When many of us enter the workforce, hobbies and leisure activities can take a back seat as we settle into our new routine. Some of us find our way back to the things we love, but for others, work can become all-consuming.
I think hobbies are not only an essential part of being a well-rounded person, but they can help you when it comes to your career! Here’s how.
From a mental health perspective, having a hobby gives you something outside of work to look forward to – and something to fill your time with, outside of work. If you’re passionate about our work and you love what you do, that’s a good thing – but when work completely takes over your life, burnout and job dissatisfaction is a real possibility.
If you don’t really have any hobbies, or if you’re looking to expand your hobby list, take a look back to what you loved when you were younger: Did you love a particular sport? Singing? Baking? A quick Google search should be able to show you the next steps for getting back into your chosen activity.
Similar to work, when you have a hobby you probably have goals to do with that activity. I think it’s important to hone your skills, no matter what your hobby, and if you can take that beginner’s mindset into your work and try and see your role with fresh eyes? Even better.
You’re not going to get things perfect every time, particularly if your hobby is a creative one. You’re not going to win every match or every award – and that’s ok. Hobbies can teach tenacity and resilience, which are two transferrable skills you can take into the workplace. Hobbies teach you to keep trying, get back up again when you ‘fail’ -and that’s the same thing that happens at work.
I don’t know many people whose careers skyrocket in a linear fashion. We’ve all had career setbacks, whether they be things like not getting a job or promotion you had your heart set on, or not getting selected to work on a project - for those of us who have cultivated resilience (both at work and outside it), these setbacks are often taken in stride and the comeback is much faster (and much more likely!).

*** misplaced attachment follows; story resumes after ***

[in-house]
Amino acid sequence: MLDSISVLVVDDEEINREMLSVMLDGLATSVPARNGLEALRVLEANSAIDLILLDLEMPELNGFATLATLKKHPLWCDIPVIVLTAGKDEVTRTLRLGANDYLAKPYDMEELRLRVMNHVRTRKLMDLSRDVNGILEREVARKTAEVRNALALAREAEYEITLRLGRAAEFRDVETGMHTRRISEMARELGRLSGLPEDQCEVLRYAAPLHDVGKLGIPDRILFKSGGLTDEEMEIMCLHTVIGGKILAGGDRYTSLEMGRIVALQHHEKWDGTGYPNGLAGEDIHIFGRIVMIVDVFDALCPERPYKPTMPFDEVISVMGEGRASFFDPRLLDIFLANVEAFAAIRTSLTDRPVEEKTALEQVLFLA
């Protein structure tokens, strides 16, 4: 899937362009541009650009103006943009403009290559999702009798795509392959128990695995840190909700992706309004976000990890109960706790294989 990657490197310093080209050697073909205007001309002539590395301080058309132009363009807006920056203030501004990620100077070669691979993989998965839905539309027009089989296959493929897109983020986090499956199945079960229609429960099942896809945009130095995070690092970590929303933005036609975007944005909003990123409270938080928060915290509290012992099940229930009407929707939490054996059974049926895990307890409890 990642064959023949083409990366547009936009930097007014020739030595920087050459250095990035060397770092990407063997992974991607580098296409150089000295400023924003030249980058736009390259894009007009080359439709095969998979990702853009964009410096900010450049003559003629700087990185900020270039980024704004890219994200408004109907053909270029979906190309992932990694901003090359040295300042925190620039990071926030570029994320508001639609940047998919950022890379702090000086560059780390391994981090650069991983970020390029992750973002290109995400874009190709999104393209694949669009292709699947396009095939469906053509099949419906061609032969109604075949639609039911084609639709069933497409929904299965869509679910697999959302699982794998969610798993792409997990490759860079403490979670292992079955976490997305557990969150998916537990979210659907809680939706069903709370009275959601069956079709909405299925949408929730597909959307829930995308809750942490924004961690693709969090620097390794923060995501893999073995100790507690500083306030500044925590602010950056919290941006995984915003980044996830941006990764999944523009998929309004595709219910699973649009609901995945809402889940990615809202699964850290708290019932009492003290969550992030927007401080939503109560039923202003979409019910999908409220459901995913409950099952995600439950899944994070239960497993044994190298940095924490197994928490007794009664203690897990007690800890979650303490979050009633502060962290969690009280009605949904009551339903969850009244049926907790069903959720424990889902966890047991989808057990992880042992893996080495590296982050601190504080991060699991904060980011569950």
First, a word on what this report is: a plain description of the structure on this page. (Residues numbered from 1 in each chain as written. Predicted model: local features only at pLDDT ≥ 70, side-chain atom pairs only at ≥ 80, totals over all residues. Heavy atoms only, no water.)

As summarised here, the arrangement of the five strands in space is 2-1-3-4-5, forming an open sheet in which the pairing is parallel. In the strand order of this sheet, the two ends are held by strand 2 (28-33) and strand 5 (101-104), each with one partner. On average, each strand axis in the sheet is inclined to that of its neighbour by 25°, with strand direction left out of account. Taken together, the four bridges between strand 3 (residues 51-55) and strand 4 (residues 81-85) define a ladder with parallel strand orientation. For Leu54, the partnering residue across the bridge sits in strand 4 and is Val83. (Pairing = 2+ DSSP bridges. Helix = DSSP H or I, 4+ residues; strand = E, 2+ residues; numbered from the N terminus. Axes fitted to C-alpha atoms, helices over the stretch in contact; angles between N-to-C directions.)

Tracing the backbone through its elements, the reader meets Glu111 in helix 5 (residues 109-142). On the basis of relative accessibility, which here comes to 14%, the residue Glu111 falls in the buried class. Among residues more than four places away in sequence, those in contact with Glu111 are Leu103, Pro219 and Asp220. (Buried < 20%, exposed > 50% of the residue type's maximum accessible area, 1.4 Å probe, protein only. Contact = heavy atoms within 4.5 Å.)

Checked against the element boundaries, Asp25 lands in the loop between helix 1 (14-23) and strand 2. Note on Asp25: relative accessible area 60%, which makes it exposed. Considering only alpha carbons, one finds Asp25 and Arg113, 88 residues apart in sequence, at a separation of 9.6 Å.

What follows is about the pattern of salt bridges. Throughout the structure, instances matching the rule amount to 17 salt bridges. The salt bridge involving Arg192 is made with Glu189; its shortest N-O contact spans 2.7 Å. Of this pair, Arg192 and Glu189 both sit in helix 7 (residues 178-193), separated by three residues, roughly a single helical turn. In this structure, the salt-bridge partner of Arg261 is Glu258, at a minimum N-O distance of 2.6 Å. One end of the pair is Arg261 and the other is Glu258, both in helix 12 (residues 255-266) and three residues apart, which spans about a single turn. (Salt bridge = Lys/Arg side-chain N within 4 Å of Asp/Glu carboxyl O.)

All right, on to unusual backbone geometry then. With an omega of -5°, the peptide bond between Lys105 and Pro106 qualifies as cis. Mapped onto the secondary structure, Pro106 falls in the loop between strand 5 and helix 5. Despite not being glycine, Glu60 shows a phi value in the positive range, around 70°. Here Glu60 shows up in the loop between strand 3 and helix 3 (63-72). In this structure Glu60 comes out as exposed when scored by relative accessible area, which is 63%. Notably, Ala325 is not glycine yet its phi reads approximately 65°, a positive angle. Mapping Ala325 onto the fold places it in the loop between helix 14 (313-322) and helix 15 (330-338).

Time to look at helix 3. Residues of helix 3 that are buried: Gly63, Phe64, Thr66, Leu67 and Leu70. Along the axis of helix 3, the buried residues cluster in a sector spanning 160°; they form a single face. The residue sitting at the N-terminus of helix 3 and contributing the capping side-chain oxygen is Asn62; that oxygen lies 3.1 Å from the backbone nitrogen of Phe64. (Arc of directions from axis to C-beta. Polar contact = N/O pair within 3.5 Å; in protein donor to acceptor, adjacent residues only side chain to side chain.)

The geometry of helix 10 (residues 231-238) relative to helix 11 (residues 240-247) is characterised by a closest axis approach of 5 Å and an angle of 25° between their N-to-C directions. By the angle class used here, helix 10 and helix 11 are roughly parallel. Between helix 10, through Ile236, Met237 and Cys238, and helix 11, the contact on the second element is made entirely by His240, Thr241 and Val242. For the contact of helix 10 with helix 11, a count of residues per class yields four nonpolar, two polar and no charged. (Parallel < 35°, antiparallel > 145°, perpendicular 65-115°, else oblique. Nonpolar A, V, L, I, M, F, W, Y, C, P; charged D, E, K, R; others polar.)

You learn the greatest lessons from failure.
Hobbies teach us to be present and to focus on what we’re doing. If you, like me, are dealing with horses or other animals in your hobby, you’ll know what I mean. Horses are big animals and they’re hugely powerful, so you need to be able to pick up on their behavioural cues to stay safe.
Being present with your team is a really important skill to cultivate at work. My team tease me about being on my phone during meetings, and I’ve realised that it’s far more respectful – and saves time in the long run – if I’m fully present and concentrating, with my phone in another room.
This is a big one. Not everything is going to come to you as quickly as you would like, but if you keep going you’ll get the outcome you’re looking for. Patience is a key skill. Whether your job requires the patience to learn technical skills or you have a client-facing role where you need to practice patience with other humans, having a hobby that allows you to develop patience in a non-professional environment can be helpful.
Hobbies allow you to meet new people, and give you the opportunity to not only build a tribe, but to interact with people who have different personalities and opinions to you. The work benefit here is that you not only cultivate a support system that truly does have your back, but you also develop skills in being able to talk to people My closest friend is a fellow horse rider, and being able to talk through the challenges I’m facing at work and get a different perspective can be really helpful.
So, there you have it!
If you perhaps thought hobbies were a waste of time, I encourage you to get out of your comfort zone and think about either trying something new, or revisiting a hobby you loved when you were younger. And if it makes you better in your job? Even better.